By Mike Drexler
Native advertising has become a widespread practice for advertising on the web. And it has many potential benefits for effective communication. It also brings additional means for publisher revenue. Many digital publishers and most magazines are introducing native ads as a significant new opportunity and many advertisers see it as a means to add authoritative background to their commercial efforts. Another view is that it is also an effective way to help combat ad blocking.
Native advertising actually is a digital name for a practice that’s been around for a long time in the traditional magazine publishing field. It has been called “advertorials” for many years and when applied to traditional magazine advertising it was clearly identified as such at the top of the page. But the most important factor was that it was expressly separated from the editorial side of the business. It was established as an edict of separation between “church and state” so that the editorial staff could never be influenced by the commercial side of the business. Moreover, it was easily recognizable by the reader as an advertisement so the consumer could not be possibly deceived. Now there is a different position on how native ads are presented on the web and even more important is that in many cases editorial writers are also producing the native ads.
We all believe that the consumer is not so naive to think that written articles with embedded product endorsement (implied or otherwise) through an established publisher is really not a commercial piece. But the FTC has also become concerned so that it has offered guidelines that native ads should be labeled as such. In other words full, indisputable, disclosure The FTC prefers the word “sponsored” to other terms. It’s interesting that a recent Polar study also revealed that the name of the advertiser in the disclosure term actually significantly increases click-through-rates.
There are many ways that native advertising can be labeled in digital form and many are. For example, “sponsored” or “sponsor” or “promoted or “presented by””. And the digital publisher will be primarily responsible. But, in an effort to attract more advertising revenue and presumably make ads more effective, native advertising has created some new opportunities in the business. Content studios are popping up either independently or at ad agencies or client in-house and also on the publisher side. In some cases the brand creates the content and, in others, the partner creates the content. There is also a distinction between the native placement strategy and the native creative strategy. Within the magazine field, some editorial writers are now reporting to the business side (and in a few cases they quit because of it).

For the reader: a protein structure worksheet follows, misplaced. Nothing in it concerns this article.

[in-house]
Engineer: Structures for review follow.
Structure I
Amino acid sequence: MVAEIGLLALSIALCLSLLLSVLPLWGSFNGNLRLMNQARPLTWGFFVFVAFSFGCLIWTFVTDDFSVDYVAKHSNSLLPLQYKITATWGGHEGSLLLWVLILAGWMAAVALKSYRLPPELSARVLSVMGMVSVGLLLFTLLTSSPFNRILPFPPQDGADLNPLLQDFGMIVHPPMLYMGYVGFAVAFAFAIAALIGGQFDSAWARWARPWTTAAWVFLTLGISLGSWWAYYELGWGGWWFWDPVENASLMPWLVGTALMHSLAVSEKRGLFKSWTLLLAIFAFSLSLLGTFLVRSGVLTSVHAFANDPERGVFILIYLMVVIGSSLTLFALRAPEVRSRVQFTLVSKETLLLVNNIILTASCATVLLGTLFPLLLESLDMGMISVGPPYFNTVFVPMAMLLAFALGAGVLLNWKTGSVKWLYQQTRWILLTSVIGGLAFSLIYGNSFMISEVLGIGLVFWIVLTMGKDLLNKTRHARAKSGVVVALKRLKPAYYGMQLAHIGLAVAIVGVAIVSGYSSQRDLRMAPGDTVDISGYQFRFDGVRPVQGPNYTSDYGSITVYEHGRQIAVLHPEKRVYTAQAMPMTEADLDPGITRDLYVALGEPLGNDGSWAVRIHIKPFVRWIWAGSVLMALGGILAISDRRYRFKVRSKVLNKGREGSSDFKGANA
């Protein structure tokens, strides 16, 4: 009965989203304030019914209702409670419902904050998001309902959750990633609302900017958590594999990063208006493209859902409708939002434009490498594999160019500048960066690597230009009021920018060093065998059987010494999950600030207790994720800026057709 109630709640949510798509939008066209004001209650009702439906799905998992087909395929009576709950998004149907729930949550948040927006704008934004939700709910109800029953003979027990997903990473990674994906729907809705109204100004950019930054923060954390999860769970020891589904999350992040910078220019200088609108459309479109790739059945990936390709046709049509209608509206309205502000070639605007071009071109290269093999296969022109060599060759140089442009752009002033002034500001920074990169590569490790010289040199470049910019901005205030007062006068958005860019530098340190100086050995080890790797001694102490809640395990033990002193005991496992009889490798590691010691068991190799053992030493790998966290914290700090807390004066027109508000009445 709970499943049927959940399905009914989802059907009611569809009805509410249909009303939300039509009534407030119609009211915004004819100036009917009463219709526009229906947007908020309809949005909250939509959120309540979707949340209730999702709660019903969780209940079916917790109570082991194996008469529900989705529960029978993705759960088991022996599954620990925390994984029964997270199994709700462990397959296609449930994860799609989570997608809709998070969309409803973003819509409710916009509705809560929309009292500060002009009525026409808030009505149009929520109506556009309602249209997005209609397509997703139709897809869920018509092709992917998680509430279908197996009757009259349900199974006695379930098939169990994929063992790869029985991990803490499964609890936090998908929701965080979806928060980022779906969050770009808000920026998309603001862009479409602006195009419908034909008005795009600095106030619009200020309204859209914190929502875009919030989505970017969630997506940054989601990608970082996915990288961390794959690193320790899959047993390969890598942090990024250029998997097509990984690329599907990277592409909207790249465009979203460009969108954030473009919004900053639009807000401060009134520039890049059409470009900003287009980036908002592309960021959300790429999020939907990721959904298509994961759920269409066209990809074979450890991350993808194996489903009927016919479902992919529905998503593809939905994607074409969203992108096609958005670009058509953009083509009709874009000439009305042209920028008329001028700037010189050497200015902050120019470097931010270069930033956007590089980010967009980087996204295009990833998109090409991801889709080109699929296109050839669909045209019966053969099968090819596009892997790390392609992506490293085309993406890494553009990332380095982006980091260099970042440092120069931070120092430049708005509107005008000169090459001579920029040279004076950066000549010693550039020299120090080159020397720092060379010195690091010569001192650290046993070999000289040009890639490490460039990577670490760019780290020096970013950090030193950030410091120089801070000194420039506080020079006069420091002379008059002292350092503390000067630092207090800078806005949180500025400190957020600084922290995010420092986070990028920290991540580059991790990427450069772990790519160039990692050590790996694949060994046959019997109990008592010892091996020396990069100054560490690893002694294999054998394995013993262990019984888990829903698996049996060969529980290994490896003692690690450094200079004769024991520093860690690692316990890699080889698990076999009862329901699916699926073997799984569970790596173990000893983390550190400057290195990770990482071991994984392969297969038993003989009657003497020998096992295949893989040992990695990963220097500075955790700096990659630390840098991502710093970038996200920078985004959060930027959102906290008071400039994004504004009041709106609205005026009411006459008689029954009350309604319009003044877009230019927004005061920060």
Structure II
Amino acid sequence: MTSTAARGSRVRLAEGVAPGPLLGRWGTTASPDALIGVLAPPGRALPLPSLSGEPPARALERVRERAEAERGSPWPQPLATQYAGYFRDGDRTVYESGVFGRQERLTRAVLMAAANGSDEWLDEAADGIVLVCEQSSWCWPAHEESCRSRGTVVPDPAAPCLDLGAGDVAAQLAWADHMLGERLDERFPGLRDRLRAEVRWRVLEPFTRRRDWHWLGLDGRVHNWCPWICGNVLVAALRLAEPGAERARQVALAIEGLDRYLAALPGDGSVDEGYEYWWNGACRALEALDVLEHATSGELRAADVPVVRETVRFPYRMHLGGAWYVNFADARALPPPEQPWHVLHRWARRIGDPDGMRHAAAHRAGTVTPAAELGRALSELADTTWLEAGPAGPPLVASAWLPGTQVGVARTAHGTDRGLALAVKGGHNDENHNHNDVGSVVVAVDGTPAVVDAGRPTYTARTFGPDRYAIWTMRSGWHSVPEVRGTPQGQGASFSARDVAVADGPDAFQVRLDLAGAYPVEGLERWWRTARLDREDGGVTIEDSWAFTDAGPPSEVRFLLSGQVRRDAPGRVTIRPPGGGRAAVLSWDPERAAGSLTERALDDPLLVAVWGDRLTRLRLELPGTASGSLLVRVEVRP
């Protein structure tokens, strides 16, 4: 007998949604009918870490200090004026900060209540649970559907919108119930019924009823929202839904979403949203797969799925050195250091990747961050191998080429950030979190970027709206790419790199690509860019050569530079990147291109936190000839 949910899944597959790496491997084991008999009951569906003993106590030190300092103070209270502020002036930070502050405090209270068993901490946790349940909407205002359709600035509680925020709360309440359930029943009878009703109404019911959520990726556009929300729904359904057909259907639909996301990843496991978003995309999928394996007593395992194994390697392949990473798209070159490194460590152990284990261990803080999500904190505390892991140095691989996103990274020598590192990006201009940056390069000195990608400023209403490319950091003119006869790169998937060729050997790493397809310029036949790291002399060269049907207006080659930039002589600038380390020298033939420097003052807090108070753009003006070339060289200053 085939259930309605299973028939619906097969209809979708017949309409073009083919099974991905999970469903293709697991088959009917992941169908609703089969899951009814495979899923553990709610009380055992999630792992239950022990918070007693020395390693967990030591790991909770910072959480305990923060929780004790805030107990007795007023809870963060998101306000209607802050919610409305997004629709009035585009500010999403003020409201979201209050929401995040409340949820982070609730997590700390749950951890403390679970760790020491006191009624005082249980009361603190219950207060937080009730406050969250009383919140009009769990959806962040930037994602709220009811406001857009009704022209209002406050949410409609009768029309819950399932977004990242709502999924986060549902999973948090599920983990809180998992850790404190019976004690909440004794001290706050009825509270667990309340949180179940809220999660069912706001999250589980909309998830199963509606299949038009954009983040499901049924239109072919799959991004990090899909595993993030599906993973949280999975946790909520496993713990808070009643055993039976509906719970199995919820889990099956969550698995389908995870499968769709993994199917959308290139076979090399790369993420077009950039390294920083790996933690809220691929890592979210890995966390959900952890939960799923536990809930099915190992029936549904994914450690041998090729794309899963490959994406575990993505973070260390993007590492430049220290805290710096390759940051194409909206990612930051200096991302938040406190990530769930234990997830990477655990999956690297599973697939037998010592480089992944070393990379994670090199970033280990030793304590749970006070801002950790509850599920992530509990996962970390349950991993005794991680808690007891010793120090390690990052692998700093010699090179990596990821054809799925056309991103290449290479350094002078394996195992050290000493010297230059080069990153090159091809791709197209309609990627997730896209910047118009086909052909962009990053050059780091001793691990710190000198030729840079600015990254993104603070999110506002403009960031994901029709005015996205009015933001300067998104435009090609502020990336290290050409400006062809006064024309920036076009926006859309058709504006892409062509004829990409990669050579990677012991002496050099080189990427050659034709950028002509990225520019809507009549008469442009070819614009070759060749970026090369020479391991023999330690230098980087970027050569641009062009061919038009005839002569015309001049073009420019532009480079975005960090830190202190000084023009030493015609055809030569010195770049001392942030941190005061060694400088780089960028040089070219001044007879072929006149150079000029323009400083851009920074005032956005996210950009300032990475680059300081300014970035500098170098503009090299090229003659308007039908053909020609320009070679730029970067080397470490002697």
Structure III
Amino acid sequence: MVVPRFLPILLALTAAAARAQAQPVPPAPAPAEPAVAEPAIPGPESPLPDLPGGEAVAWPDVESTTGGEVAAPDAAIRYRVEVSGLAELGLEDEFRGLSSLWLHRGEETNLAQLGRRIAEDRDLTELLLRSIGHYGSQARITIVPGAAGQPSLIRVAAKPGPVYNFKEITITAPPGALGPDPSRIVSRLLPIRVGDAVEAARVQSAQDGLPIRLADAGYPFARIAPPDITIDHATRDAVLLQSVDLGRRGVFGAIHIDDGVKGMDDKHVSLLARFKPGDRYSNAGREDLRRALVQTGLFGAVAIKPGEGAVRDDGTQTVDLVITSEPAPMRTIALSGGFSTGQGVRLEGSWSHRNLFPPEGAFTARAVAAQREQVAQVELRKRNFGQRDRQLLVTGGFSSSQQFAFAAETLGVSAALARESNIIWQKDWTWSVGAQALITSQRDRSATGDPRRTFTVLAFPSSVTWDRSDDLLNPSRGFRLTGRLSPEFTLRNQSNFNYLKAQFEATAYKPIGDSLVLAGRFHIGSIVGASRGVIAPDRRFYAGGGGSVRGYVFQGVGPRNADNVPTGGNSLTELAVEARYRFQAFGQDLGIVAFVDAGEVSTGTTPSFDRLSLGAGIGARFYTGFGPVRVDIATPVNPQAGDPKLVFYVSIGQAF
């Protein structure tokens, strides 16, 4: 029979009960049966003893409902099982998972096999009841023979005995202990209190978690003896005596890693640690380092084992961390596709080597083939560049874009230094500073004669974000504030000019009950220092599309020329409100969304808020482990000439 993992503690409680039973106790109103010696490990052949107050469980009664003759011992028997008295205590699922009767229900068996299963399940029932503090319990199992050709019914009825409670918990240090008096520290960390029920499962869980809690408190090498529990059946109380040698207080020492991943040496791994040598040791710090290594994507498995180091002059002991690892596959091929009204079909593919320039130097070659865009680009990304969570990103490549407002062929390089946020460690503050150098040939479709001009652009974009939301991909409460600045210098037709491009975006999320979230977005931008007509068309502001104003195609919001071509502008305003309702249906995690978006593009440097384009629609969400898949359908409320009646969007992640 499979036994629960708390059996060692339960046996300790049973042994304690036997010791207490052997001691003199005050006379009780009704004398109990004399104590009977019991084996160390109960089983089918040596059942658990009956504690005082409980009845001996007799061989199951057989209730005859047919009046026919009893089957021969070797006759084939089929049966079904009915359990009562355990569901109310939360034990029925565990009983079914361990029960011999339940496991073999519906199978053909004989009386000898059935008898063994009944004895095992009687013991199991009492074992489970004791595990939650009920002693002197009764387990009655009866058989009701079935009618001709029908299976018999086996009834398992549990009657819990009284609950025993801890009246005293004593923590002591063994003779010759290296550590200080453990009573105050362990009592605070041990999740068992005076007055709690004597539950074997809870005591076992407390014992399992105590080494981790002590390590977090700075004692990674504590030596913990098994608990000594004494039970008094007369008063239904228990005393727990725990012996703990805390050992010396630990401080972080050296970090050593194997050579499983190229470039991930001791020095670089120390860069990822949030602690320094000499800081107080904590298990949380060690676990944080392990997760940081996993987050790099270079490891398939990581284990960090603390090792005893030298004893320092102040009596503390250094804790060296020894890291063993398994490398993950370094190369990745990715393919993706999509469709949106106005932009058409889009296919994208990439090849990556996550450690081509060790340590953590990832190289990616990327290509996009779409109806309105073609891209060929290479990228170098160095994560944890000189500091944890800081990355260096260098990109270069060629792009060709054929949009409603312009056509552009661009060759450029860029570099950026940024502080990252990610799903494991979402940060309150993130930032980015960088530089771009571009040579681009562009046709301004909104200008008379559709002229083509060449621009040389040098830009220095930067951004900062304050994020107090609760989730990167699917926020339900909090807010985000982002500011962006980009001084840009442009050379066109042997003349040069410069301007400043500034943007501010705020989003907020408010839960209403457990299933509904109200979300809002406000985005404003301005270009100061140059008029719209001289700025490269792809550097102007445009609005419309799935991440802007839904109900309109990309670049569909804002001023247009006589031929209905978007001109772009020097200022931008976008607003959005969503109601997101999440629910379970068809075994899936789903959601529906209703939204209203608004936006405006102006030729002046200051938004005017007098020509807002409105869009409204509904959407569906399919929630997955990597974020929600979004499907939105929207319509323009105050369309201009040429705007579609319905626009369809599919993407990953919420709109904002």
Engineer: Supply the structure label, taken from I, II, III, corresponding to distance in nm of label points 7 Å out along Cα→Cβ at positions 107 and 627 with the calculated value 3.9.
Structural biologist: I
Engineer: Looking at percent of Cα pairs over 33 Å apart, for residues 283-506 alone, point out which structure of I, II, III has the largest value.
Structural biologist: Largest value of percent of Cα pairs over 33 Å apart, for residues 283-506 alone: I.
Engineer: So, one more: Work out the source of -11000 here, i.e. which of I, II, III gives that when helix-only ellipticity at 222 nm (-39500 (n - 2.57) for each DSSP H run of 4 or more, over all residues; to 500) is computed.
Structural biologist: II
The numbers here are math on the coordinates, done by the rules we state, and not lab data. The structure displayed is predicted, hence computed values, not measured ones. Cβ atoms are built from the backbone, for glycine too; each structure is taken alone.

The ANA has focused a great deal of attention on agency transparency including media rebates and other forms of financial non-disclosure. That’s obviously different and it has been a very important matter for the advertising community and the declining relationship between advertisers and agencies. While the parties have not yet come together on a solution (or the exact contractual language) it is a top of mind issue to save the industry from itself. But what about native advertising that is not clearly identified as a form of commercial. Is it deceptive? Will publishers lose their credibility and integrity with consumers? Will the FTC need to take government action? Does that also suggest a need for transparency that will focus more emphatically on the vendor? Native advertising may reduce digital ad blocking but at the moment it’s not the only long term solution to that problem. Another recent development is the so-called content ads that appear as rows of links under web articles. Are they labeled as promoted stories and legitimate placements or can they lead to fraudulent websites or dishonest “clickbait”?
The advertising business is facing many new issues in the digital ecosystem. Every day something new occurs; whether it’s content, data sharing, privacy, metrics, cross-platform integration, streaming, consumer habits, bot fraud, etc. etc. And each brings new challenges to advertisers, agencies and the media. Surely, there is more to come. But let’s remember that we only benefit by facing these challenges together. Transparency may be seen as a business issue between agencies and advertisers but let’s also keep in mind that, in many cases, the consumer really is in charge. In the case of native advertising, we don’t want to get in the way of that.
Originally published in MediaVillage